Federal contractors with lax cybersecurity standards may soon regret it.
According to a report issued by security ratings company BitSight on February 15, sensitive US government data is being put at risk by contractors who fail to adhere to even the simplest cybersecurity best practices, like routinely patching old software and switching out passwords.
Data breaches have been reported by 5.6% of all defense contractors and 4.3% of all technology contractors. The worst offenders, as a category, were health care contractors where data breaches stood at 8%. Just two years ago, lapses on the part of the Office of Personnel Management’s security contractors allowed the theft of sensitive personal information on over 21 million federal employees.
Feds Cracking Down
The federal government has begun its crackdown on erring contractors. The Defense Department came out with new cybersecurity guidelines for its contractors last year, and last month the General Services Administration (GSA) updated its own requirements for increased security.
Contractors who fail to shape up can face civil penalties of up to $11,000 per violation. Contractors who are found to have made false statements about their compliance may be laid low with treble damages.
The BitSight report revealed that “botnet infections are prevalent amongst the government contractor base, particularly for Healthcare/Wellness and Manufacturing contractors” and that nearly half of all federal contractors are “not following best practices for network encryption and email security.” Particularly egregious was the substantial use of an outdated and leaky internet browser which was a security nightmare all on its own.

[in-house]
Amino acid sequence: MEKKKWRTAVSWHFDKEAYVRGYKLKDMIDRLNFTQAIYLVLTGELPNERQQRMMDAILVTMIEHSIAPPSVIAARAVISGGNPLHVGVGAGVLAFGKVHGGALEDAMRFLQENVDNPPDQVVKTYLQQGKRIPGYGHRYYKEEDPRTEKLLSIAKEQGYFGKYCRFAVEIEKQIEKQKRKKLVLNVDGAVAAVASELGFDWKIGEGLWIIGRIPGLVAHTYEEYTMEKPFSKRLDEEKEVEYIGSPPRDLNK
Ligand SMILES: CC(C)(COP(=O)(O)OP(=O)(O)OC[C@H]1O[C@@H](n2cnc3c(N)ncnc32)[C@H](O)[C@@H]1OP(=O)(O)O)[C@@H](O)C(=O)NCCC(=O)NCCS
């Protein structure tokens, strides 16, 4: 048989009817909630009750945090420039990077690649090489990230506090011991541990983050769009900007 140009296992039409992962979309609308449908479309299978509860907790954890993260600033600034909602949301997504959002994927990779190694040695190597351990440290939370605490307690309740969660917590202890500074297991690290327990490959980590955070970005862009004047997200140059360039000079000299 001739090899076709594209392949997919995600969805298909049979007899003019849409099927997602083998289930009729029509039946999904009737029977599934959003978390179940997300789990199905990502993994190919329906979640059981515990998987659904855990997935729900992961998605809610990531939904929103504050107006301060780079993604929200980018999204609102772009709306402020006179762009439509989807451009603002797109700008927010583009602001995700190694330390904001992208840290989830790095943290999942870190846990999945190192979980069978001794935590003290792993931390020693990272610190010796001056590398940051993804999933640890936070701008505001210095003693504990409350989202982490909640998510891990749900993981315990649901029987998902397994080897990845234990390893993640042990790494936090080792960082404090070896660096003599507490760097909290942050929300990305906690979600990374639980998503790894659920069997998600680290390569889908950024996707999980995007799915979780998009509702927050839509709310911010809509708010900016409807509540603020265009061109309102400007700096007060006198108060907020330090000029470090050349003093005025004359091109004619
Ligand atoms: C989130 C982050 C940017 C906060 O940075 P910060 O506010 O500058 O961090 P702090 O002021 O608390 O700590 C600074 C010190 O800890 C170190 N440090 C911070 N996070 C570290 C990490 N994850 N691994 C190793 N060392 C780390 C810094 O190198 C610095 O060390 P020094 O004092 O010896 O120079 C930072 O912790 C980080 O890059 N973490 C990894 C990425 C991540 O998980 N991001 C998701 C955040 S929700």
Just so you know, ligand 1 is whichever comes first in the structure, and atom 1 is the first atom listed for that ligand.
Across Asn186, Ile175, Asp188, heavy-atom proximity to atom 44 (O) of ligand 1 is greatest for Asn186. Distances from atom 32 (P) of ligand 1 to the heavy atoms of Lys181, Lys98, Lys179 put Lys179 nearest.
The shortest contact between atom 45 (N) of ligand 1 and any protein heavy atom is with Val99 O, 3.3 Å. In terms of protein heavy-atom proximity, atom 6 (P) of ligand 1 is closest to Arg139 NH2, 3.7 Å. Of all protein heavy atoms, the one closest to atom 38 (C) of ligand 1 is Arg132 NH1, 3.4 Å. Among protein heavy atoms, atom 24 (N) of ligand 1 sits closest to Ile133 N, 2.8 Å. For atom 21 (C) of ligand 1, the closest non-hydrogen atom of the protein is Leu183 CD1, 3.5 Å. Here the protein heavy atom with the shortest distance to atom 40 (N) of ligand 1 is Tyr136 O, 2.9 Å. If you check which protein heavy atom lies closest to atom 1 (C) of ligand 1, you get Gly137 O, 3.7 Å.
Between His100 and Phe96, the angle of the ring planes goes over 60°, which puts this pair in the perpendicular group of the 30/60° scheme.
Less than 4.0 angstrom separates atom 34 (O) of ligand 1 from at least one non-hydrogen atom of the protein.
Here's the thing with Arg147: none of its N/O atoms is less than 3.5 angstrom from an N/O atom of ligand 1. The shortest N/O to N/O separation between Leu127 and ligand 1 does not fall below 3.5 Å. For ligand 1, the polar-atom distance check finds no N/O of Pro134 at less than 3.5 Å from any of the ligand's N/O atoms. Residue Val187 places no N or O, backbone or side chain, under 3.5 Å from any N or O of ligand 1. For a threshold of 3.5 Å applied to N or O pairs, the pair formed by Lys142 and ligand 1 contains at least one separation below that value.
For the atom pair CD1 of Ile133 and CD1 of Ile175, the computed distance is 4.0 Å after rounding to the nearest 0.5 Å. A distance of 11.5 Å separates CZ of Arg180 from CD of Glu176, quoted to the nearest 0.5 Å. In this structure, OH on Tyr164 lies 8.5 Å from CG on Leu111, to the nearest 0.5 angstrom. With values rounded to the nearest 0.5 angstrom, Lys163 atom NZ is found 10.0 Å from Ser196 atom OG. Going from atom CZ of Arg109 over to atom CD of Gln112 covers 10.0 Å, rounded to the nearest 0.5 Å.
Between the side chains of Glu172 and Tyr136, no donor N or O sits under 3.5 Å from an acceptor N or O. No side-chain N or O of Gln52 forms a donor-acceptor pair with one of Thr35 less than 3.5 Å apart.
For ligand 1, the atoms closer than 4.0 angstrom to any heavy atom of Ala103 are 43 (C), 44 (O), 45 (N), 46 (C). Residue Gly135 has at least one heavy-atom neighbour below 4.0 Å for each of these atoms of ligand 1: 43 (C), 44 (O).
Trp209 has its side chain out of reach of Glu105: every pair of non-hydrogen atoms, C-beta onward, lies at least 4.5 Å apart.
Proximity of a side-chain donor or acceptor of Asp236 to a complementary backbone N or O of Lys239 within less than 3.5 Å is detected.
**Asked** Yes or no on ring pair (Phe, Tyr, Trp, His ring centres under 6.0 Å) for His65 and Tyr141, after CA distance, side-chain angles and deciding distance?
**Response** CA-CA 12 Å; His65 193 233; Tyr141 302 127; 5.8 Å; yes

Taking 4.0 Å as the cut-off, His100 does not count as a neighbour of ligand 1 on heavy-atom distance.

Another area of concern cited in the BitSight report was the limited number of common service providers that form the backbone of the federal contractor system. Webhosting, email services, and DNS services are delivered by a highly-concentrated group that could be the target of attack by any entity seeking to take down the system.
Such a takedown will be catastrophic for the federal security posture, the operation of federal agencies will be compromised, and the delivery of government services would most likely become chaotic.
In the meantime, one takeaway from the new cybersecurity guidelines is that federal contractors will be held to a much stricter timeframe to report data breaches. The Defense Department has specified a 72-hour window between the discovery of a breach and the report to the government.
Perhaps the most significant of the federal government’ initiatives towards greater cybersecurity is the deployment of a new policy from the interagency Committee on National Security Systems (CNSS). Last July, the CNSS touted “an integrated, organization-wide cybersecurity risk management program to achieve and maintain an acceptable level of cybersecurity risk for organizations that own, operate, or maintain national security systems.” CNSS has also emphasized the need for greater mobile security for the federal government.